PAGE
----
From resilience to regeneration

If the first recession since 2008 is a litmus test for the long-term viability of ESG, it looks like it might pass.

🚫 BlackRock took voting action against 53 companies on climate grounds, while urging a further 191 firms to comply with TCFD recommendations.

📑 Generation released its annual Sustainability Trends Report, which is cautiously optimistic about the direction of climate action in the wake of COVID-19.

🛍️ Standard Life Aberdeen dumped fashion retailer Boohoo following accusations of poor factory conditions. Is the crisis a wake-up call for fund managers?

🏛️ Banks need to work with the UK government to create a more sustainable and inclusive economy in the decade ahead, according to an LSE report.

📊 JP Morgan unveiled a global ESG integration policy, which mandates all funds demonstrate appropriate documentation, monitoring and research.

🌎 The B-Corp movement appears to be accelerating, with Fortune and the FT citing growing appetite in private and public markets alike.

💻 Led by PGGM and APG, a group of asset owners launched an AI-driven SDG investment platform that connects asset owners and their managers.

What investors did next

If the first recession since 2008 were a litmus test for the long-term viability of environmental, social and governance (ESG) investing, it's safe to say it passed.

In the ten years since the Global Financial Crisis, sustainable investing has crept up the investor agenda. Its rapid growth, however—which correlated with the longest bull market in history—didn't escape cynicism. Wasn't it just an exercise in PR spin? Would investor magnanimity survive the next market crash?

Scepticism still abounded in January of this year, when BlackRock put sustainability at the heart of its investment process, and then again in February, when climate change took centre stage at Davos. By March, COVID-19 had spread across the world, and the economy started to crash.

Not so ESG. Sustainable funds have shown remarkable resilience in the face of global volatility, attracting record flows and broadly outperforming their technical indicators. So far, at least, the cynics have been silenced.

In that time, others have been won over. A report from Capgemini Research Institute found the pandemic has accelerated consumer commitment to sustainable shopping. Hot on the heels of private companies, public companies are also beginning to embrace purpose, with a growing number of firms recently launching as B-Corps: businesses achieving high environmental and social standards.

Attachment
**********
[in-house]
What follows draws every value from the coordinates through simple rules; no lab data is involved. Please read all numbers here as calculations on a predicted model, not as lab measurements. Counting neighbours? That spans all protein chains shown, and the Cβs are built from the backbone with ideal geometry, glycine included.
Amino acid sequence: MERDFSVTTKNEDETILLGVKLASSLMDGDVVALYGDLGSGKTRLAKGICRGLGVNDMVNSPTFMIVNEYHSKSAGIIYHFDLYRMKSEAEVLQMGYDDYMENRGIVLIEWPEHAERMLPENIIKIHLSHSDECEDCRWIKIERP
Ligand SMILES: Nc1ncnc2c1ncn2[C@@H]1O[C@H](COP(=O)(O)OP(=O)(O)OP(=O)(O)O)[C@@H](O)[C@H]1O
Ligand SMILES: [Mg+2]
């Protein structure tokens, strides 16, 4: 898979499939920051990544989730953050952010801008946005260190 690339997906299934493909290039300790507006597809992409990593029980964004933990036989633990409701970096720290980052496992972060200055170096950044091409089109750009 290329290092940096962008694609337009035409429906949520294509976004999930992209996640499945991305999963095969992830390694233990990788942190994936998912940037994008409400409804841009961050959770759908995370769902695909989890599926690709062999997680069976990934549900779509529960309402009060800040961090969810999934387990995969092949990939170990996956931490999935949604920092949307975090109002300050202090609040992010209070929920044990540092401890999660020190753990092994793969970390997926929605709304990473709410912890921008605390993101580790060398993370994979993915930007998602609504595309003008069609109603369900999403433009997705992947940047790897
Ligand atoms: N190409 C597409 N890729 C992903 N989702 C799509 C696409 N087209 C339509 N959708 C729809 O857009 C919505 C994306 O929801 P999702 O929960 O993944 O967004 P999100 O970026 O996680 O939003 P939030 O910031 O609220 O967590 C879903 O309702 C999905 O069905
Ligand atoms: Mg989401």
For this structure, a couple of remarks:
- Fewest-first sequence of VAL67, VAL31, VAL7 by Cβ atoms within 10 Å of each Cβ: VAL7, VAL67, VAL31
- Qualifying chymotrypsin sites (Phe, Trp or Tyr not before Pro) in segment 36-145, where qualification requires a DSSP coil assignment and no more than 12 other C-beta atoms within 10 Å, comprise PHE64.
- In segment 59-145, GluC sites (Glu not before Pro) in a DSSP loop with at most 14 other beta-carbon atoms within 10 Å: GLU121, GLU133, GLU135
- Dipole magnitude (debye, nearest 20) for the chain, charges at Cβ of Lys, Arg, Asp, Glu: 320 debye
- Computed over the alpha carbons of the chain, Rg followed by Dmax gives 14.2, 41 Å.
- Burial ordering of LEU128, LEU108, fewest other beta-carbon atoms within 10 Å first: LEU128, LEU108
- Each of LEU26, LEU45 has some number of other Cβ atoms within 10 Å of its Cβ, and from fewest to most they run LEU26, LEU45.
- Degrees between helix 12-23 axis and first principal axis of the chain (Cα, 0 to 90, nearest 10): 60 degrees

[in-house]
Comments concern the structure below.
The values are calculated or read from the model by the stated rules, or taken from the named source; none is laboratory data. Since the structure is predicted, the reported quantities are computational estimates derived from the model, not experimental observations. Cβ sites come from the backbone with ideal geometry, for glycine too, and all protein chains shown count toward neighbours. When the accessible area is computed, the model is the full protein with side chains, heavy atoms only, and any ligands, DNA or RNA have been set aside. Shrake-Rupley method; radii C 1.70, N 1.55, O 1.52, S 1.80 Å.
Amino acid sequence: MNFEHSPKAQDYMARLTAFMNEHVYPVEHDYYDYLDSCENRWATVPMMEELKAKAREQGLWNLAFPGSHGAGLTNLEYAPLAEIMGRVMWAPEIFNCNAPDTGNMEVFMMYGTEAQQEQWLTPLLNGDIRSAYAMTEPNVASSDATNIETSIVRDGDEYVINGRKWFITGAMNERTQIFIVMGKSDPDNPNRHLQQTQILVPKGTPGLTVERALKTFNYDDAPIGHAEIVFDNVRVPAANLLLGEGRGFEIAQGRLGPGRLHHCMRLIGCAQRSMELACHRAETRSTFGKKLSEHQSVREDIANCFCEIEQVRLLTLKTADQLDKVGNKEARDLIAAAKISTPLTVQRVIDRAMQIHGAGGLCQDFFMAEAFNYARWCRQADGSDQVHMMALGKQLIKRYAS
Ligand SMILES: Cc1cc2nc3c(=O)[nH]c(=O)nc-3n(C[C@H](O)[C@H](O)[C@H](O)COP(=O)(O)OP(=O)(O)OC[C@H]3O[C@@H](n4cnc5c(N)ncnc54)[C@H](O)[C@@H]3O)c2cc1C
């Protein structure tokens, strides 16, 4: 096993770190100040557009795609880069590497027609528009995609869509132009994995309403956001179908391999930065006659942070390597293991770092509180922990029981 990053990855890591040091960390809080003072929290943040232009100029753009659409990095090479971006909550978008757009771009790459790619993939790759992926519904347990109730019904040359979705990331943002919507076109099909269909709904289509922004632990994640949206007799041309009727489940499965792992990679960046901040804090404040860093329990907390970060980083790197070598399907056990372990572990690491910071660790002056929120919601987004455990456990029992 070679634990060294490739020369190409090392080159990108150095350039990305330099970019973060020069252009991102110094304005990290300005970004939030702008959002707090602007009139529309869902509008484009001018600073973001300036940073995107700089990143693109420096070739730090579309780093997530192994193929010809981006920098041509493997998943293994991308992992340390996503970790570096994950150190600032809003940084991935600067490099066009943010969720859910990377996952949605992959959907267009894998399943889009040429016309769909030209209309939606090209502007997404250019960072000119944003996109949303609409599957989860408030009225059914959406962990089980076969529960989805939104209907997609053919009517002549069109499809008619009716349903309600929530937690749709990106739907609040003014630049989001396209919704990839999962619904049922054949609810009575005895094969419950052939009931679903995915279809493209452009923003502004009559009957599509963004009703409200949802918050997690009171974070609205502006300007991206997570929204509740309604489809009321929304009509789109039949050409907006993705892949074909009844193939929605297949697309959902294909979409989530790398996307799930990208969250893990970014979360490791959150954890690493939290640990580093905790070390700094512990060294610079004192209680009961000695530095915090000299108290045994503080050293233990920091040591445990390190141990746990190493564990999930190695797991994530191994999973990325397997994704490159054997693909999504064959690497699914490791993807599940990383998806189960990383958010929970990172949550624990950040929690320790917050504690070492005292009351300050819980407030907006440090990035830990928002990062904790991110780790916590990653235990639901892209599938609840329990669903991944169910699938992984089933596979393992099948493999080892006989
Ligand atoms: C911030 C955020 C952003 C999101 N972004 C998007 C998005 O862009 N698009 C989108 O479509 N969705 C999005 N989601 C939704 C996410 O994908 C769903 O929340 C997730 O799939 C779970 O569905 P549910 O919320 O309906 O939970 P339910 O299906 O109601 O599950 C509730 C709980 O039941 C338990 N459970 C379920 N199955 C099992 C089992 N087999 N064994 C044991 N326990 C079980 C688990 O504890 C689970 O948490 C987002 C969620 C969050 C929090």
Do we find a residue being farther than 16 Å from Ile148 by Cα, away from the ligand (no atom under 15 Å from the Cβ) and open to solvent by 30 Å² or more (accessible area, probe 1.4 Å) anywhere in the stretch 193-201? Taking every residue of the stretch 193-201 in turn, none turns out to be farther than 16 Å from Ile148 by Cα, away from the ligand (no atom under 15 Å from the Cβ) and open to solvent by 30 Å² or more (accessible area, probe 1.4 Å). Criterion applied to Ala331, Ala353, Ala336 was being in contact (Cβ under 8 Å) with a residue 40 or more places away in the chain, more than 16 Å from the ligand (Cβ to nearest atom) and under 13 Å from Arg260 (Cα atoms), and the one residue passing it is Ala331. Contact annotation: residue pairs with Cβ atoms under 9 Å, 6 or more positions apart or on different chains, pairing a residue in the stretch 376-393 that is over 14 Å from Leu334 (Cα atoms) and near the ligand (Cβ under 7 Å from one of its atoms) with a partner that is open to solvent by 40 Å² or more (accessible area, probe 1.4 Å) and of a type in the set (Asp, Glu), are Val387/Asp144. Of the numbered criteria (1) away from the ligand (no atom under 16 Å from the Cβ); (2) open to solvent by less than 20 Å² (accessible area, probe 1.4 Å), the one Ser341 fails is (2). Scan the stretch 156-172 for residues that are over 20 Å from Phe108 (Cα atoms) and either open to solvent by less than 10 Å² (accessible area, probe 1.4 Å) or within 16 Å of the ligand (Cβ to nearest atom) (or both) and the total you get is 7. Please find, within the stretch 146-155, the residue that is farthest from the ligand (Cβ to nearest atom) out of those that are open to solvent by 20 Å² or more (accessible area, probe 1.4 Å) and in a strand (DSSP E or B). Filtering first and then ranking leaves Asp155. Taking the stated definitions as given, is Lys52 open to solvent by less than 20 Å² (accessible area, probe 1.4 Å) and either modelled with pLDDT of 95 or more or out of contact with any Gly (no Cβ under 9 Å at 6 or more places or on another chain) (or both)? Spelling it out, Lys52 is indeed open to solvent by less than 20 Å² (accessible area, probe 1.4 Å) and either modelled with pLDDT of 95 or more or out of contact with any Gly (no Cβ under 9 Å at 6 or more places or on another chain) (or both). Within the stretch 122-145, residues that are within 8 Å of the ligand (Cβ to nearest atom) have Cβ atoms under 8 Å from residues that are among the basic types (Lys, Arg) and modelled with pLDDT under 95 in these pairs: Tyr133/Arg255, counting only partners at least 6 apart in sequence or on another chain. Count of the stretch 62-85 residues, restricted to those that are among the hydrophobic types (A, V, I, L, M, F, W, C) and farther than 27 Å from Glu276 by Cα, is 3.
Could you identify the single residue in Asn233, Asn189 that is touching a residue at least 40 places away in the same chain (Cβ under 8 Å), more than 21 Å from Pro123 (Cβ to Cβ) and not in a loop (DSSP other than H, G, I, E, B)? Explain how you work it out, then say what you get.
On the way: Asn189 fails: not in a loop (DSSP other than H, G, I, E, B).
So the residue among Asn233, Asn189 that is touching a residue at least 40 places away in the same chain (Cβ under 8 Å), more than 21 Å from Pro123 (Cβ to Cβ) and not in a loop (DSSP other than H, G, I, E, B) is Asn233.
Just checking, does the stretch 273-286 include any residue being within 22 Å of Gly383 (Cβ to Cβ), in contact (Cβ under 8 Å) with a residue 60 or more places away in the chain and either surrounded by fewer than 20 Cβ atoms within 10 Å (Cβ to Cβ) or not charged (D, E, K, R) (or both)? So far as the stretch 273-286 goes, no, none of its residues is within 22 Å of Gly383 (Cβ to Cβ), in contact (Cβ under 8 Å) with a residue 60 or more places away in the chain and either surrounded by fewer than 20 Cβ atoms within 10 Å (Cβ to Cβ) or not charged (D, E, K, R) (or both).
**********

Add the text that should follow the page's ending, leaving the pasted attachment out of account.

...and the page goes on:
Suddenly, a singular focus on shareholder returns looks outdated.

There are a number of reasons why the events of 2020 have elevated sustainability. First, it's a reminder that even the biggest economies are deeply vulnerable to environmental vicissitudes. Second, while climate change was already in the headlines, the human tragedy—particularly as the pandemic has dovetailed with Black Lives Matter—has woken up the world to the scale of addressable social and racial injustice. Rarely in the modern world has it been so obvious that environment, society and economy are inextricably linked.

But COVID-19 has uncovered resilience as well as vulnerability. As per a note issued by BlackRock in May, "regardless of industry, strong sustainability characteristics have been essential to helping companies weather the crisis." Generation Investment Management goes a step further in its annual Sustainability Trends Report, concluding that, "for many organisations, the lesson from recent months is that sustainability and resilience are two sides of the same coin."

It's not enough that companies simply survive, however. As concludes the Sustainability Trends Report, the "redefining of what is possible must now be taken into other shared challenges for our societies, not least for climate." A recent report from the Grantham Research Institute concurs: "At the heart of the recovery... should be the convergence of two imperatives: the creation of a successful net-zero-emission economy and 'levelling up' economic and social prospects."

Companies will play a critical role in the transition to a more inclusive and sustainable economy. So will their investors.

As Ronald Cohen put it in the FT yesterday, "COVID-19 has opened the door to the urgent change our times demand: to bring impact to the centre of our economic system, to overthrow the tyranny of profit and to shift the basis for our business and investment decisions from risk-return to risk-return-impact."

Here's hoping we seize the opportunity.

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